The novel is threaded with another, equally compulsive timeline: the contrapuntal (and it does brilliantly offset and charge the alternate narrative) retrospection Els weaves into his story. We follow, in cleverly juxtaposed fashion, his life from youngster through college and his awakening (which turns out to be, as he sees it, a fatally wrong turn) as a composer in tandem with his first real love, Clara, who opens his mind to the future and then shuts it again, just as seismically. We move on through his avant-garde metamorphosis, an osmotic alteration at least partially down to two new players in his life, second big love Maddy, also mother of his only child, a kind of leftfield dervish that evokes community-center Kate Bush, and maverick iconoclast Bonner, who “ran on sufficient in-built demons – hellfire father, suicide mother, a younger sister sealed up in cortical seizures – that no amount of labor would ever exorcise”, who rides the John Cage train over the cliff into atonal dissonant gleeful envelope-stomping.
The centerpiece performance that heralds Els’ sonic switch from emulating his idols to forging a brave new musical identity of his own (with goading accomplice Bonner, an almost chaotically eager trailblazer, who pushes Els into areas he might’ve merely tentatively mapped otherwise) is very unprecedented and daring, taking its lead from Cage’s uncategorizable musical innovations with projected film and dance accompaniment, and Powers doesn’t hint in the least as to how successful the succession of pieces is: we understand that at least half the audience haven’t got a clue what’s unfolding, which certainly adds to the potential-disaster suspense levels.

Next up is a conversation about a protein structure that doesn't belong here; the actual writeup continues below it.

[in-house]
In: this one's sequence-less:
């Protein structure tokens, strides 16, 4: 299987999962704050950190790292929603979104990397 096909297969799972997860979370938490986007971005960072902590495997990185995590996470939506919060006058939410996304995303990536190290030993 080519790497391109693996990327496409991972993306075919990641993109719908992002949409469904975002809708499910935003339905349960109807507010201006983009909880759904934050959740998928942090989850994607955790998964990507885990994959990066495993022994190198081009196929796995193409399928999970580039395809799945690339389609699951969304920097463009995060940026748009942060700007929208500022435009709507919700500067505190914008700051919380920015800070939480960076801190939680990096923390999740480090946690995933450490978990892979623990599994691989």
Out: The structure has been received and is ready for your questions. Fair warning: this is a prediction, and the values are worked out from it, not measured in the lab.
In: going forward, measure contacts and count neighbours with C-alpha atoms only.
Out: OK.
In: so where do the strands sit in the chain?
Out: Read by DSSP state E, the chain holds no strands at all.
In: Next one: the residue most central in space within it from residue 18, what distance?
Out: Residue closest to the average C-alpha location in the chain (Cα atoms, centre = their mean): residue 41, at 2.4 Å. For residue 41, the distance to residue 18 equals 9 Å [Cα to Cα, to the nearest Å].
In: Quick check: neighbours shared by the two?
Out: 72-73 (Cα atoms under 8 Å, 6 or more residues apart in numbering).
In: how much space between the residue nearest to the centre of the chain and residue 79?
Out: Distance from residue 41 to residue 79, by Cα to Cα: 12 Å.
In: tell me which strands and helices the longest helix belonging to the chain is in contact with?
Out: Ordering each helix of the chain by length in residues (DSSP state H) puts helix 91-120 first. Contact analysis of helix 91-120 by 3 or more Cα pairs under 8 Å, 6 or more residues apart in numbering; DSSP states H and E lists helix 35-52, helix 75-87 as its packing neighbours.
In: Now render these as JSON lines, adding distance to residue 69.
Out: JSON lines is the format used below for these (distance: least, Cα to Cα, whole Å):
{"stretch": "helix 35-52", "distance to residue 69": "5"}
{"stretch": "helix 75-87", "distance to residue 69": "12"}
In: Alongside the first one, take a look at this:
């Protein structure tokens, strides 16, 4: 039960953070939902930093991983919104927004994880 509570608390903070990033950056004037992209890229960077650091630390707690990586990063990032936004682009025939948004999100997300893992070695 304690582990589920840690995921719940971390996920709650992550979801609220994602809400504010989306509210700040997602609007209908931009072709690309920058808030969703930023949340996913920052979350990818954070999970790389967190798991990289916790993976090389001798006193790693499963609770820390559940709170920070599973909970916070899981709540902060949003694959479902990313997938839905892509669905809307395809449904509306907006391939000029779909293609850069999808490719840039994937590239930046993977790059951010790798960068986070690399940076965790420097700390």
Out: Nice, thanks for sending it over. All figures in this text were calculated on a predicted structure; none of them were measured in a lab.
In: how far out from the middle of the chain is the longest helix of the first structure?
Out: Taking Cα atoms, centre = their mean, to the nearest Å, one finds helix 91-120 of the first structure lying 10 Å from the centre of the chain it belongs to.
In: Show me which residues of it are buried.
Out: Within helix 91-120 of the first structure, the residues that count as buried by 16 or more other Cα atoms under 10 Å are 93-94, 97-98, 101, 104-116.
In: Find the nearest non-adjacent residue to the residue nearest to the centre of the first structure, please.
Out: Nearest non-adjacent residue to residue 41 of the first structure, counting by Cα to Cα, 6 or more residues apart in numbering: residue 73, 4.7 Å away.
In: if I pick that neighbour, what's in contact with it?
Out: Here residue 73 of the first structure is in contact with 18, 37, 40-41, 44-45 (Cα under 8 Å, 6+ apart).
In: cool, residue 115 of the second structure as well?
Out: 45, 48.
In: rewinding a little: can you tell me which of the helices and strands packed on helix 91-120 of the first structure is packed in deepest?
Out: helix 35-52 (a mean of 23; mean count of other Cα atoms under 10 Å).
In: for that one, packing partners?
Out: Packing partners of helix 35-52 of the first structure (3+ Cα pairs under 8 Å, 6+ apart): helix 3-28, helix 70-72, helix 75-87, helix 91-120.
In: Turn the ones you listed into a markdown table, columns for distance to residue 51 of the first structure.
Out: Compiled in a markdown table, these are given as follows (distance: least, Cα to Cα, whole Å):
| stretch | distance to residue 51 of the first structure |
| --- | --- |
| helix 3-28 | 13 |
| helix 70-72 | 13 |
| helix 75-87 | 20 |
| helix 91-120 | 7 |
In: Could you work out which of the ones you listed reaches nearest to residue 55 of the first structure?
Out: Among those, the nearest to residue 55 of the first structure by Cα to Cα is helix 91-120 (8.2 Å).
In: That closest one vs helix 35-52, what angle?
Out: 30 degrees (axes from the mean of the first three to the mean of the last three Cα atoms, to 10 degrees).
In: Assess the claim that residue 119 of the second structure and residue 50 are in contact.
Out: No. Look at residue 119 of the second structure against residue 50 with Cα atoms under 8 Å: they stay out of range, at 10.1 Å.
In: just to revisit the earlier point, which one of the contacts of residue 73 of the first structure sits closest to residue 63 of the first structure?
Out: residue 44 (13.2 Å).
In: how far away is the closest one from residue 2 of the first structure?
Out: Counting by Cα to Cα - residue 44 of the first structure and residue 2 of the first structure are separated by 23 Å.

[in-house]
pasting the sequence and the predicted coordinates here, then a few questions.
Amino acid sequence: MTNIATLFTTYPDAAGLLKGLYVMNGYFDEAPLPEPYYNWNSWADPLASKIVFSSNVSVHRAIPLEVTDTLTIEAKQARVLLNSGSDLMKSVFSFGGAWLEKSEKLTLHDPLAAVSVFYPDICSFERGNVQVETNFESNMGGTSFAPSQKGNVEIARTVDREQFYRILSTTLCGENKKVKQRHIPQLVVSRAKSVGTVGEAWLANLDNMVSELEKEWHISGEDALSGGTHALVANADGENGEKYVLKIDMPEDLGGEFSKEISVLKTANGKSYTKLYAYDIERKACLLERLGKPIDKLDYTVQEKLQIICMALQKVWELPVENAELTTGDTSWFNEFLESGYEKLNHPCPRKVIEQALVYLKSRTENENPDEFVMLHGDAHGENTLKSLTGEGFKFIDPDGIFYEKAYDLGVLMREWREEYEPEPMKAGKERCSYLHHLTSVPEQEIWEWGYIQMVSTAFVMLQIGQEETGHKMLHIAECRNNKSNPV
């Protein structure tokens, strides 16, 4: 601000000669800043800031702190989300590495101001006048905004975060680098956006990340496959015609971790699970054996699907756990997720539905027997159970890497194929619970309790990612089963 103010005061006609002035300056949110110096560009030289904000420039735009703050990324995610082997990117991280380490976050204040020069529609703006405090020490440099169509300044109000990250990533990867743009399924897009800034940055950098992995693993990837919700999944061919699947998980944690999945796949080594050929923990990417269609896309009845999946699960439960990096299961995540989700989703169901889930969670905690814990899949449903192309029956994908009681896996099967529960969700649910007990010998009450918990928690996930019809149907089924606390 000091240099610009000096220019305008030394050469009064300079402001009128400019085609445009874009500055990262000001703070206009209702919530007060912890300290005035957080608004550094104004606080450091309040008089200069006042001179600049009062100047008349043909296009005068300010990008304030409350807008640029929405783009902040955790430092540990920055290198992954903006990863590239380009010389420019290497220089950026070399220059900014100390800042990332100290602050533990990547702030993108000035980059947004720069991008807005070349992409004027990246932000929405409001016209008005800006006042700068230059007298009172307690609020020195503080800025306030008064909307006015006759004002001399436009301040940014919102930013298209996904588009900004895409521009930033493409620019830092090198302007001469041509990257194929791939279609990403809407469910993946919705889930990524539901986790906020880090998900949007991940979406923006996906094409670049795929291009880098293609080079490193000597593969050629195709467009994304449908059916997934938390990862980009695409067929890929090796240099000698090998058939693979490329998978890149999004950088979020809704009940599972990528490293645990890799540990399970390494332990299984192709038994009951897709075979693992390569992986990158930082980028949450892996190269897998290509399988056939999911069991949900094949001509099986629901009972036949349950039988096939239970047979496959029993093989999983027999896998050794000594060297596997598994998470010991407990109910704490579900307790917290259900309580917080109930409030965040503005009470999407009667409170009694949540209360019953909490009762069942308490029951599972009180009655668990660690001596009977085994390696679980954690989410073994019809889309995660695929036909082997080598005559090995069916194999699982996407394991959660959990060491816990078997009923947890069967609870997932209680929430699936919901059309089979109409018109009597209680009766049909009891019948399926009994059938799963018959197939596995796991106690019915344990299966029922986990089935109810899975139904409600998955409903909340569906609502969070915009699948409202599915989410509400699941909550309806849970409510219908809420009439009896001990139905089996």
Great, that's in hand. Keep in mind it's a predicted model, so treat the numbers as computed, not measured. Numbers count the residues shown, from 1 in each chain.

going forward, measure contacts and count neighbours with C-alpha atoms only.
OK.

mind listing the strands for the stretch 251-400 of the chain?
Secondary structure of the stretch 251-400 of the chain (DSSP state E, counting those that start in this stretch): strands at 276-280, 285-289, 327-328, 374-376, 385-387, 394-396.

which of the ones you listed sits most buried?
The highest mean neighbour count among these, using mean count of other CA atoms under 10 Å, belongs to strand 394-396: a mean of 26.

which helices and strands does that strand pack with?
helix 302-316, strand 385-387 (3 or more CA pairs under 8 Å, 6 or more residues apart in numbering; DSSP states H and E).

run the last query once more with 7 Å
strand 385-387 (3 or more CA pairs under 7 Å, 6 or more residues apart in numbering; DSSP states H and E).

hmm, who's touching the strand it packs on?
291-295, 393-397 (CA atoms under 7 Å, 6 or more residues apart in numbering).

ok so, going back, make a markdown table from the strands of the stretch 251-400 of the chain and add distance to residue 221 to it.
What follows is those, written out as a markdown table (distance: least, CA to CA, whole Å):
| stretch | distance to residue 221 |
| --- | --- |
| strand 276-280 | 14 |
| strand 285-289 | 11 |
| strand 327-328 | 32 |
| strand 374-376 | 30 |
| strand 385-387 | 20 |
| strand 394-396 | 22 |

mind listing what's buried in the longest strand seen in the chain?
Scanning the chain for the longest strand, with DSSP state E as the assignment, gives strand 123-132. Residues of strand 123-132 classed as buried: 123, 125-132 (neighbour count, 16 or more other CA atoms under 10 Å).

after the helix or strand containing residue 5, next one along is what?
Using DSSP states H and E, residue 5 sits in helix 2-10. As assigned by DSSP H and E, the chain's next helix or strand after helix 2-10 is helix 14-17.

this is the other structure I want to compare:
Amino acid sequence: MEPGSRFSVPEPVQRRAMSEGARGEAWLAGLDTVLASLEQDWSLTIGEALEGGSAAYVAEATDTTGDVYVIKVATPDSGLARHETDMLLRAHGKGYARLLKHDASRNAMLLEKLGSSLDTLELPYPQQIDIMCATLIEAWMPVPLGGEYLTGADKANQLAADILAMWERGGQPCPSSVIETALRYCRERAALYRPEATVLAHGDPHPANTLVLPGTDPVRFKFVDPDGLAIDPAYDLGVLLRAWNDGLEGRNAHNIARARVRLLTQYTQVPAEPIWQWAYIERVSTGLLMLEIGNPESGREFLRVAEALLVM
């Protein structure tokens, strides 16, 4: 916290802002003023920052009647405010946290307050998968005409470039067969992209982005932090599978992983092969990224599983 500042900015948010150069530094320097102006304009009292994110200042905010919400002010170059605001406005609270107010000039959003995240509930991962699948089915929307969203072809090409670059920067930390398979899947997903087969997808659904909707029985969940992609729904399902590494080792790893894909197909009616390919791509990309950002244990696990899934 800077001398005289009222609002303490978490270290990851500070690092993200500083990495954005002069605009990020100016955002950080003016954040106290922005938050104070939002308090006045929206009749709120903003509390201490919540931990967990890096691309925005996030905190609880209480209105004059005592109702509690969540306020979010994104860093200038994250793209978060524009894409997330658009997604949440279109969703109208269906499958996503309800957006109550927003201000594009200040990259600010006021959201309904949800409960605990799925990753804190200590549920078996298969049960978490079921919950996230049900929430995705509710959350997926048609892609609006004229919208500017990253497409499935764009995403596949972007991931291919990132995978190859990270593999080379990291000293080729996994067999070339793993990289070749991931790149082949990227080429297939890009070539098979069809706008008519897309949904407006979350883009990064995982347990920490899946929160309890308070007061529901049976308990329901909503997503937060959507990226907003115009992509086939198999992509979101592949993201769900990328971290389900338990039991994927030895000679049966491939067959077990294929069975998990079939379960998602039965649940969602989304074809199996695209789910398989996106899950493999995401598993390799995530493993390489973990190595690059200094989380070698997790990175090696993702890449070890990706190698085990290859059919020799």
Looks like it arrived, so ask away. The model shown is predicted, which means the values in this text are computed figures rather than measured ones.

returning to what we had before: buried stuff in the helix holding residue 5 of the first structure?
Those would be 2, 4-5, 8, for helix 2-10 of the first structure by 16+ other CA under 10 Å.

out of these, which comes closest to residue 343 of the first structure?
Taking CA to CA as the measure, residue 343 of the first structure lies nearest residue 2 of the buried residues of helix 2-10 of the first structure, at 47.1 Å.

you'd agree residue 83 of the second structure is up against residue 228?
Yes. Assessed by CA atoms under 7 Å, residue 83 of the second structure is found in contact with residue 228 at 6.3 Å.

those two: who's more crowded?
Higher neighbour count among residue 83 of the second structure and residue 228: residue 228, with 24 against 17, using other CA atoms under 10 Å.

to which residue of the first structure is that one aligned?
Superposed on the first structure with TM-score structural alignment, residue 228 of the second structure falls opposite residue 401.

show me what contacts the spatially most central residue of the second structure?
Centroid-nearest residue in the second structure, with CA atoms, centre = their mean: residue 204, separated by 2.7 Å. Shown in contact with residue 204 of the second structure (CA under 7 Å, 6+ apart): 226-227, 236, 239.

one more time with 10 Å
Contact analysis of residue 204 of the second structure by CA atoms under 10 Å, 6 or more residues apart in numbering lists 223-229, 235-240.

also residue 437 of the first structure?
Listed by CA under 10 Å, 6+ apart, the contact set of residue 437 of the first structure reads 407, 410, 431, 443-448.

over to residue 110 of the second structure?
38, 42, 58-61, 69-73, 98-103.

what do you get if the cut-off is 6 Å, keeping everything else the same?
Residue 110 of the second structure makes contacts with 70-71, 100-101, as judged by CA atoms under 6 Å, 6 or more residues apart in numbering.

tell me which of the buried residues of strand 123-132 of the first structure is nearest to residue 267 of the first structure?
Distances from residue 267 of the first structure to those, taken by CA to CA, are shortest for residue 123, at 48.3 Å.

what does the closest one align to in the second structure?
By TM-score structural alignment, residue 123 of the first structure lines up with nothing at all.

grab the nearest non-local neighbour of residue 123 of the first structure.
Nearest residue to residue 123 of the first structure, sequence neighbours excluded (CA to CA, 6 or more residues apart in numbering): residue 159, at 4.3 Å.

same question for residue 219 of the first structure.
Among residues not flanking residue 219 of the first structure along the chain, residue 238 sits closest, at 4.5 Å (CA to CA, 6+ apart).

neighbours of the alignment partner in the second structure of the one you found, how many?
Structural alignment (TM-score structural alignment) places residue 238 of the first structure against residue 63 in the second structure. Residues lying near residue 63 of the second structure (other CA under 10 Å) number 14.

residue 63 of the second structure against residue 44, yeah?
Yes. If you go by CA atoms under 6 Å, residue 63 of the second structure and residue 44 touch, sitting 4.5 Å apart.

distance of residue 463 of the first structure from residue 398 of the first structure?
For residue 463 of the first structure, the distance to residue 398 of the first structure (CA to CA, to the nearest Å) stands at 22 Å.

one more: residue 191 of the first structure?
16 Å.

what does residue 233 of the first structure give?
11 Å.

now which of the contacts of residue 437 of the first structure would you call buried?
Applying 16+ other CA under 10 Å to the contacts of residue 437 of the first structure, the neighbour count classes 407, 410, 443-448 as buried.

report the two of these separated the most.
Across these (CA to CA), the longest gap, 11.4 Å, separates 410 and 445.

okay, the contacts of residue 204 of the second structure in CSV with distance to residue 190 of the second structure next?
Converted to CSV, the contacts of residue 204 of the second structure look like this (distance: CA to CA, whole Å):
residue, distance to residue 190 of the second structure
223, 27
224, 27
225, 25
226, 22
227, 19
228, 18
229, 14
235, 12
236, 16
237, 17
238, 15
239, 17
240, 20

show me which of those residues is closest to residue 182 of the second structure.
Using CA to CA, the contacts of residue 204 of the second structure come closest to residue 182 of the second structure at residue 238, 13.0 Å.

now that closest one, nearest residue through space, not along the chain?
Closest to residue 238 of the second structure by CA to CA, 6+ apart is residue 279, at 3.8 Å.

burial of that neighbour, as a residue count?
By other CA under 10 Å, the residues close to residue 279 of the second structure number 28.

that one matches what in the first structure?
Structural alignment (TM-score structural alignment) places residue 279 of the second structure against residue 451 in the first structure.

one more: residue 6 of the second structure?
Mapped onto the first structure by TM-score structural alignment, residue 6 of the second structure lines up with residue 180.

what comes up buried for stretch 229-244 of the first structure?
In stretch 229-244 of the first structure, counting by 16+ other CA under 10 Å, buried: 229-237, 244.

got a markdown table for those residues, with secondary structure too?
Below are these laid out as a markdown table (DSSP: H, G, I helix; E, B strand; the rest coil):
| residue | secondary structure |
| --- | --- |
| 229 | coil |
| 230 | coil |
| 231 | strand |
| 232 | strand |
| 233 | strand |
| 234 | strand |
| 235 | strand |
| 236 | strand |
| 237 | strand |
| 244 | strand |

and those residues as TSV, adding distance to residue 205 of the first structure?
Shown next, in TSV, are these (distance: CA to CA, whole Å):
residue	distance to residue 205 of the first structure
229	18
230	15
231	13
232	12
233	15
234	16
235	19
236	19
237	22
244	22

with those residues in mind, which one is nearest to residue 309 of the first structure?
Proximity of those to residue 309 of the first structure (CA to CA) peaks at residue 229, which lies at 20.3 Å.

The projectors blazed again, along with a choir of antiphonal taped voices. Images pelted the hall’s walls in a time-lapse cavalcade that ran from Edison’s electrocuted elephant to Edward White tethered to his German capsule by a twenty-five-foot umbilical above the blue earth. The pianist placed his forearms across the keyboard and undulated. Horn, oboe, and cello built a corona of minor seconds while the percussionist rolled sponge mallets on a suspended china cymbal. On a fixed pitch in the middle of her range, rising three steps at the end of the line, Maddy, motionless, intoned:
Sooner or later, all men will do and know all things.
Typical of the novel: such deployed lyrics are a direct corollary to a Powers theme burbling underneath the main plotlines: the crazed fecundity of the Internet.
There’s very much a feeling in Orfeo of being tantalized, of being on the cusp of something that will remain elusive, be it the ever-advancing lure of science, the agonizing and impossible-to-apprehend abundance of information proliferating online, the perfect musical composition, the answer to life, the universe and everything. Powers lends such doomed pursuits not just pathos but a kind of hopeful advocation of humans’ inability to ever settle. It’s not just a maddening and melancholy-inducing characteristic (although it is very much partly that): it’s also a testament to our incorrigible curiosity, our eternal playful determination amid the enveloping darkness.
His flight from the martyr-seeking mob is not just, fictionally at least, a haphazard sprint out into a symbolic void: it acts as a kind of drawing together of all the disparate strands of Els’ life: he crosses paths with Clara for a final time; this leads to him meeting Bonner once again, who plants the idea in his mind for another kind of viral strain altogether (Tweeting his plight as a falsely pursued patsy); he finally lands with his own spiritual twin, his daughter, and subsequently gets a fantastically downbeat finale, though not without a certain defiant grandeur.